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Trying to fix placement on observation status is very difficult, and can take a long time.
The Center's new Observation Status Toolkit,
made possible by support from the
John A. Hartford Foundation, can help.

The Center is part of a coalition of organizations fighting the continued harm caused by Observation Status through advocacy and education, efforts which will be greatly enhanced by our work with the John A. Hartford foundation. 

In addition, the Center for Medicare Advocacy, along with co-counsel Justice in Aging and Wilson Sonsini Goodrich & Rosati, is pursuing a nationwide class action lawsuit that seeks to establish a way to appeal placement on Observation Status to Medicare (the case is currently known as Alexander v. Price).  If you received “observation services” in a hospital since January 1, 2009, you may be a member of the class. No action is required of class members, but we recommend that you save any paperwork relating to your observation status hospitalization and costs that may have resulted from it, and we encourage you to share your observation status story using the link below. We also encourage you to sign up for our Alerts to receive important news about the case.


NEW
Observation Status Toolkit

including

On this Page:


Submit your own Observation Status story


The video below, created by b and published on Kaiser Health News on August 29, 2016, offers a basic introduction to the problem of Observation Status. 


QUICK SCREEN FOR HOSPITAL OBSERVATION STATUS

Observation Status is a designation used by hospitals to bill Medicare. Unfortunately, it can hurt hospital patients who rely on Medicare for their health care coverage.

People who receive care in hospitals, even overnight and for several days, may learn they have not actually been admitted as inpatients. Instead, the hospital has classified them as Observation Status, which is an “outpatient” category. This designation can happen even for people who are extremely sick and spend many days in the hospital.  For example, we have heard from people with recent hip and pelvic fractures who were designated as Observation Status.

Since March 8, 2017, hospitals have been required to give patients the Medicare Outpatient Observation Notice (MOON) within 36 hours if the patients are receiving “observation services as an outpatient” for 24 hours. Hospitals must also orally explain observation status and its financial consequences for patients.  The MOON cannot be appealed to Medicare.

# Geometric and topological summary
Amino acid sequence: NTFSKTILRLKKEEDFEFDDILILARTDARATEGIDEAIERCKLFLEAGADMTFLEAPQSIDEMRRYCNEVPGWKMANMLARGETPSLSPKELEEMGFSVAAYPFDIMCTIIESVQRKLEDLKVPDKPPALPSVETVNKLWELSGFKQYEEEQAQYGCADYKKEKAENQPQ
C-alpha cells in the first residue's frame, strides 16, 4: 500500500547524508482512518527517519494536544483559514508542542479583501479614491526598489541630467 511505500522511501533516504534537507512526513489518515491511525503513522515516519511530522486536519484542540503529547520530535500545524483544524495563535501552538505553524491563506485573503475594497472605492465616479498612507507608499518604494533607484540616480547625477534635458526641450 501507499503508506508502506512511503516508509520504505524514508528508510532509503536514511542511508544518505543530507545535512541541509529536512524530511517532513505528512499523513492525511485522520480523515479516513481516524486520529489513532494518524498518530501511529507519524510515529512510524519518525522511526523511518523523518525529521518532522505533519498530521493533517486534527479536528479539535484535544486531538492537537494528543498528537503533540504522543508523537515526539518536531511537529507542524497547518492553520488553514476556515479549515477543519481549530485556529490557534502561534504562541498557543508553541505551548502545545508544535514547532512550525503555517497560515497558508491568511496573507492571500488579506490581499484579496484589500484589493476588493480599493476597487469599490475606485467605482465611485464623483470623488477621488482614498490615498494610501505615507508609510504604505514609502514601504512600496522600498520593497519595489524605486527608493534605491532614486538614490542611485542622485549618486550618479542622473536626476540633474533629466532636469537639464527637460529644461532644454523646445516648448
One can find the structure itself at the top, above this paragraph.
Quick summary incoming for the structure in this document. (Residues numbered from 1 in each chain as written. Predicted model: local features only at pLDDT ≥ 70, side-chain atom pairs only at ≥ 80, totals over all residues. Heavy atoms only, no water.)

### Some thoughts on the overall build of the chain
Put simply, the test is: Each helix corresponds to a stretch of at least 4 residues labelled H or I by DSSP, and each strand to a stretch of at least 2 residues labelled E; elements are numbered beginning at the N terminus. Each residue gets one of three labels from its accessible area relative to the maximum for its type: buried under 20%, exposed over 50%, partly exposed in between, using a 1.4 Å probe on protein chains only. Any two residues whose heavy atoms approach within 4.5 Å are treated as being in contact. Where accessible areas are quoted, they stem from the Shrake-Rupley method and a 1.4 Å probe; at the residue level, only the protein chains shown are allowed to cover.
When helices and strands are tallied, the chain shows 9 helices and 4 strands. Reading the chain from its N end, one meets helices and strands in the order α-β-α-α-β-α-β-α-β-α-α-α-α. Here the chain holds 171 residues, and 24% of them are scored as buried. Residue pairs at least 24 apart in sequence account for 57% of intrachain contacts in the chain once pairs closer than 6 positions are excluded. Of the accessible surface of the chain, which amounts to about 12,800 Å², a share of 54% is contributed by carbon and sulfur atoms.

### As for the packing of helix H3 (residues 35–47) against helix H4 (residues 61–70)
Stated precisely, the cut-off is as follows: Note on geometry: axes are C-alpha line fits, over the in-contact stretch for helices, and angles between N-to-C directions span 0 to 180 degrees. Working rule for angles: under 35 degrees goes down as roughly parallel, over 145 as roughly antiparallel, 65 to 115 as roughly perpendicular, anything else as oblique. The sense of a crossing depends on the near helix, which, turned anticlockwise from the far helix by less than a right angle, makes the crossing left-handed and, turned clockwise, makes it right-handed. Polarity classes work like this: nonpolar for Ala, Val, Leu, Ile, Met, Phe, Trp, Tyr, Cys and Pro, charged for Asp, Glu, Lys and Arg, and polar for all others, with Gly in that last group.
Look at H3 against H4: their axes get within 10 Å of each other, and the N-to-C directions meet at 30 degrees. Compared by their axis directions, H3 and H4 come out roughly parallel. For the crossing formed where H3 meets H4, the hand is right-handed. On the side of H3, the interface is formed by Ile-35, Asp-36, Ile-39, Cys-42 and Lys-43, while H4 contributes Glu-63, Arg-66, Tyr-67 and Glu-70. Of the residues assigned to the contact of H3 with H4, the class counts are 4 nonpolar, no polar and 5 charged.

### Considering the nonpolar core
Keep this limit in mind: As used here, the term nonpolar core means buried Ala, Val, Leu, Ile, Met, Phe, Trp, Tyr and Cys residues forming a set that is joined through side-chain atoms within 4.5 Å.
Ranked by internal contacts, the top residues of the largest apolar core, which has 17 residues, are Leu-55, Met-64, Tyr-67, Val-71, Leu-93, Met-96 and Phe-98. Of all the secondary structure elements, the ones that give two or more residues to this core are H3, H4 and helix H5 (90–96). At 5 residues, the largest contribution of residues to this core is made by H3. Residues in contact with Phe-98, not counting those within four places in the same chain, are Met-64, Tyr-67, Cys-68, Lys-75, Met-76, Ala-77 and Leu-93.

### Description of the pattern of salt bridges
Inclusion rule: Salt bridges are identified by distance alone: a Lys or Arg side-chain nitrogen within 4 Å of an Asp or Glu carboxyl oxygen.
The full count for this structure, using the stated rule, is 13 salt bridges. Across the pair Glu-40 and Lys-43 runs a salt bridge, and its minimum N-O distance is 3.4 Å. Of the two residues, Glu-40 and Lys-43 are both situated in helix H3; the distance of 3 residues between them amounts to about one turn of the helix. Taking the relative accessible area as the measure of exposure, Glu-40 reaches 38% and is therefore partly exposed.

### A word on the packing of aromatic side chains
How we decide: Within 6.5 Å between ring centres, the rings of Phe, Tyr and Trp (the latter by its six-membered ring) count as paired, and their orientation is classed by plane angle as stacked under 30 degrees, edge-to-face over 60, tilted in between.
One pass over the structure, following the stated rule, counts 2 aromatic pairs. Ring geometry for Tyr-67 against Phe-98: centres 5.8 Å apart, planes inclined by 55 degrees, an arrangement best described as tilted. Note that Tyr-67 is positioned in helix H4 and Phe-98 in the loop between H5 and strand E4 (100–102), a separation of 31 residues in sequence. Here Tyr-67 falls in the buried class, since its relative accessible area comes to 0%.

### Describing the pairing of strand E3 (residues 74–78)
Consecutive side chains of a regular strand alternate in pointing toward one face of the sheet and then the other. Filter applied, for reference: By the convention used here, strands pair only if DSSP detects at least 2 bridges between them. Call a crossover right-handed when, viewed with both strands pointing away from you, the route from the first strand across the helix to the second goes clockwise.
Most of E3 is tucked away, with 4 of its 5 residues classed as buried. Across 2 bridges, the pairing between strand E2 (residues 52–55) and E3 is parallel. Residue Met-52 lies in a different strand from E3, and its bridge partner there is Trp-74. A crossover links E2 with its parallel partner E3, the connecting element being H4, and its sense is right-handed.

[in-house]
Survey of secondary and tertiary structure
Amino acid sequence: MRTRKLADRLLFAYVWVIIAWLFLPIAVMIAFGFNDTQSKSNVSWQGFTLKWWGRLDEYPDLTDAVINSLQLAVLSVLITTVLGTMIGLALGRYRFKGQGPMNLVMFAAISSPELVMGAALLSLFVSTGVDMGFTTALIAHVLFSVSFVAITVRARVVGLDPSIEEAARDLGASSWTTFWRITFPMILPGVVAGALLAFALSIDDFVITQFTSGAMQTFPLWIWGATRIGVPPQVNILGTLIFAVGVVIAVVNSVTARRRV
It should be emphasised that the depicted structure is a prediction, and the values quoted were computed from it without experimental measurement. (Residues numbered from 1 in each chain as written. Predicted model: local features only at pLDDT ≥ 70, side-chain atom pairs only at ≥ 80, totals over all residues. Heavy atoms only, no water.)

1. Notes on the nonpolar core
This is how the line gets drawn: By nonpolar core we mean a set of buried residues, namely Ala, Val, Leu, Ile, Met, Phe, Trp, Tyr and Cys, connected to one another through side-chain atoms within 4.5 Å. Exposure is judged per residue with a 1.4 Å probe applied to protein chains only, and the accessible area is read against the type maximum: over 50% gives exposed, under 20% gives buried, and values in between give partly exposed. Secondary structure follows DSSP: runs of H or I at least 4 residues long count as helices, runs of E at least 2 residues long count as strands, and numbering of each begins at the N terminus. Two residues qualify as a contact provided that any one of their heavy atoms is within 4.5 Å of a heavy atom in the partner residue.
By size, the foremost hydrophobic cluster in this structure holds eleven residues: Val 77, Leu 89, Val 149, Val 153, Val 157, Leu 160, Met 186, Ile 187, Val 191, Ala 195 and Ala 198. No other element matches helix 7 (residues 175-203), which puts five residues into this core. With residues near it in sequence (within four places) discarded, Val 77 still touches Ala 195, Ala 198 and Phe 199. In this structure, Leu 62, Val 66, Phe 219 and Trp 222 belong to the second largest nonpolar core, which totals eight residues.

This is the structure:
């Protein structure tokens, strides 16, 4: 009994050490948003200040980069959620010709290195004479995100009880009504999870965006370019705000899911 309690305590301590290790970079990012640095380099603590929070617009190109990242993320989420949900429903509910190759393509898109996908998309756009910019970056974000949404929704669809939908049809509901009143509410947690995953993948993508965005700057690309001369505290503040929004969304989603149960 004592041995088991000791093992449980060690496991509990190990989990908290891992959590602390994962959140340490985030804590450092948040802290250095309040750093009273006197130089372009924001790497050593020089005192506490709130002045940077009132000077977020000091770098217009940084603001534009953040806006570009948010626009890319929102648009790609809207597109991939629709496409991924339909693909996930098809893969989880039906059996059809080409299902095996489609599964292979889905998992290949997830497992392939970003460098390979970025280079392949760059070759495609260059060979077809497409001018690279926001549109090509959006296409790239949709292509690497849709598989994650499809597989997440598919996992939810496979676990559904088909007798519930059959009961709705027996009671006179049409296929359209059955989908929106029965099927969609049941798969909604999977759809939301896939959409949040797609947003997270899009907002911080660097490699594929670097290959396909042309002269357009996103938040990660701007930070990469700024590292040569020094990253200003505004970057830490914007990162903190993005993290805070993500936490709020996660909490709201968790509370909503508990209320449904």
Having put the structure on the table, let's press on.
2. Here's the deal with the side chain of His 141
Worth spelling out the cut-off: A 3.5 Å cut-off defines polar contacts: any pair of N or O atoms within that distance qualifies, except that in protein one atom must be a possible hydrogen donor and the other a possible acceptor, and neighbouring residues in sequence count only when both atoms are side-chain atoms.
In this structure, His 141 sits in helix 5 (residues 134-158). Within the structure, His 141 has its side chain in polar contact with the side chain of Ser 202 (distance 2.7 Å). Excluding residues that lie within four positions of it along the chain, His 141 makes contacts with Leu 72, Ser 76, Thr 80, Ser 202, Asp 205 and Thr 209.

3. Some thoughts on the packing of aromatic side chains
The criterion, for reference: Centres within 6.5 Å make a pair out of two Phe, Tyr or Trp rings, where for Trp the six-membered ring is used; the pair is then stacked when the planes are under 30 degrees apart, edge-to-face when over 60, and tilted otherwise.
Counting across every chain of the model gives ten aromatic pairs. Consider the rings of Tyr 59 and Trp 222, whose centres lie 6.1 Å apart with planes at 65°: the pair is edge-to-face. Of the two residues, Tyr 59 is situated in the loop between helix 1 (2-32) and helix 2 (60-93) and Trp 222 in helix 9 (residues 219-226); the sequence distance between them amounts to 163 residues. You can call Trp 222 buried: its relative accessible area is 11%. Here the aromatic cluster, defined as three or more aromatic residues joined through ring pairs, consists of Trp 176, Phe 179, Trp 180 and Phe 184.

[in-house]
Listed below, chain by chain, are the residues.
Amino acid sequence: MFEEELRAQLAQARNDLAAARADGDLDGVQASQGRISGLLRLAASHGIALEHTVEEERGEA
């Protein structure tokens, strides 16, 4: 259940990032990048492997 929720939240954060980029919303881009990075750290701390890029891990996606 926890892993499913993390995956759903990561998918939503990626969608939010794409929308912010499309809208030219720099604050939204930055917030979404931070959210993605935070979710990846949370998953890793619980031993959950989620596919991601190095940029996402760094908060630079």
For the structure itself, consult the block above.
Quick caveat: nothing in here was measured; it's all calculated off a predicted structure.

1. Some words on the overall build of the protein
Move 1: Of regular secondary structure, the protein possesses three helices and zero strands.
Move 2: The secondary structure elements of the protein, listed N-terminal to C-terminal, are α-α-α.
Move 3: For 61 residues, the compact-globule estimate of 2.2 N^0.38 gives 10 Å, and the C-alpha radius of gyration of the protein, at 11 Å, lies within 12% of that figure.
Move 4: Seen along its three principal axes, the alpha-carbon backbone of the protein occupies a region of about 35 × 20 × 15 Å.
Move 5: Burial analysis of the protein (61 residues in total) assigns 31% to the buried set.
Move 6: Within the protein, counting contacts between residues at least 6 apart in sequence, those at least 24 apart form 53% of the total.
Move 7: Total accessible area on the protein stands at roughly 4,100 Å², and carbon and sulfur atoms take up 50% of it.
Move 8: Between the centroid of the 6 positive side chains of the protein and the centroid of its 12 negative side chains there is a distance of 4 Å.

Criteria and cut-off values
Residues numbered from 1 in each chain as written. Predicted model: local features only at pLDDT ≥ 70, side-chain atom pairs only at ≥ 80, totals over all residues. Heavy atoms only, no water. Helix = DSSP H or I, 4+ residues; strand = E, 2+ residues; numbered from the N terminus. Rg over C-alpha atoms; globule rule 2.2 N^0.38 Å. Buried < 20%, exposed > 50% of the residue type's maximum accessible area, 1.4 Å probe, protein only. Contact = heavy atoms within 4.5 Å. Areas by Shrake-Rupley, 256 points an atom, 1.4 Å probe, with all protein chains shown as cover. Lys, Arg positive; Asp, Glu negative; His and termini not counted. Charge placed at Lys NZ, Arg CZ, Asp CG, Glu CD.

Why does this matter?

When hospital patients are classified as outpatients on Observation Status, they may be charged for services that Medicare would have paid if they were properly admitted as inpatients. For example, patients may be charged for their medications. (Thus, people may want to bring their medications from home if they have to go to the hospital.)

Most significantly, patients will not be able to obtain any Medicare coverage if they need nursing home care after their hospital stay. Medicare only covers nursing home care for patients who have a 3-day inpatient hospital stay – Observation Status doesn’t count towards the 3-day stay.

Outpatient Observation Status is paid by Medicare Part B, while inpatient hospital admissions are paid by Part A.  Thus, Medicare beneficiaries who are enrolled in Part A, but not Part B, will be responsible for their entire hospital bill if they are classified as Observation Status.

What can a patient do if the hospital puts her on Observation Status?

  • If the patient is still in the hospital: 
    • Seek the doctor’s help to “admit the patient as an inpatient.”
    • If the hospital insists on Observation Status, ask for a written notice stating this fact and;
    • Tell the hospital the patient wants their status changed because the care is “medically necessary” and an “inpatient hospital level of care.”  Support from the doctor will help.​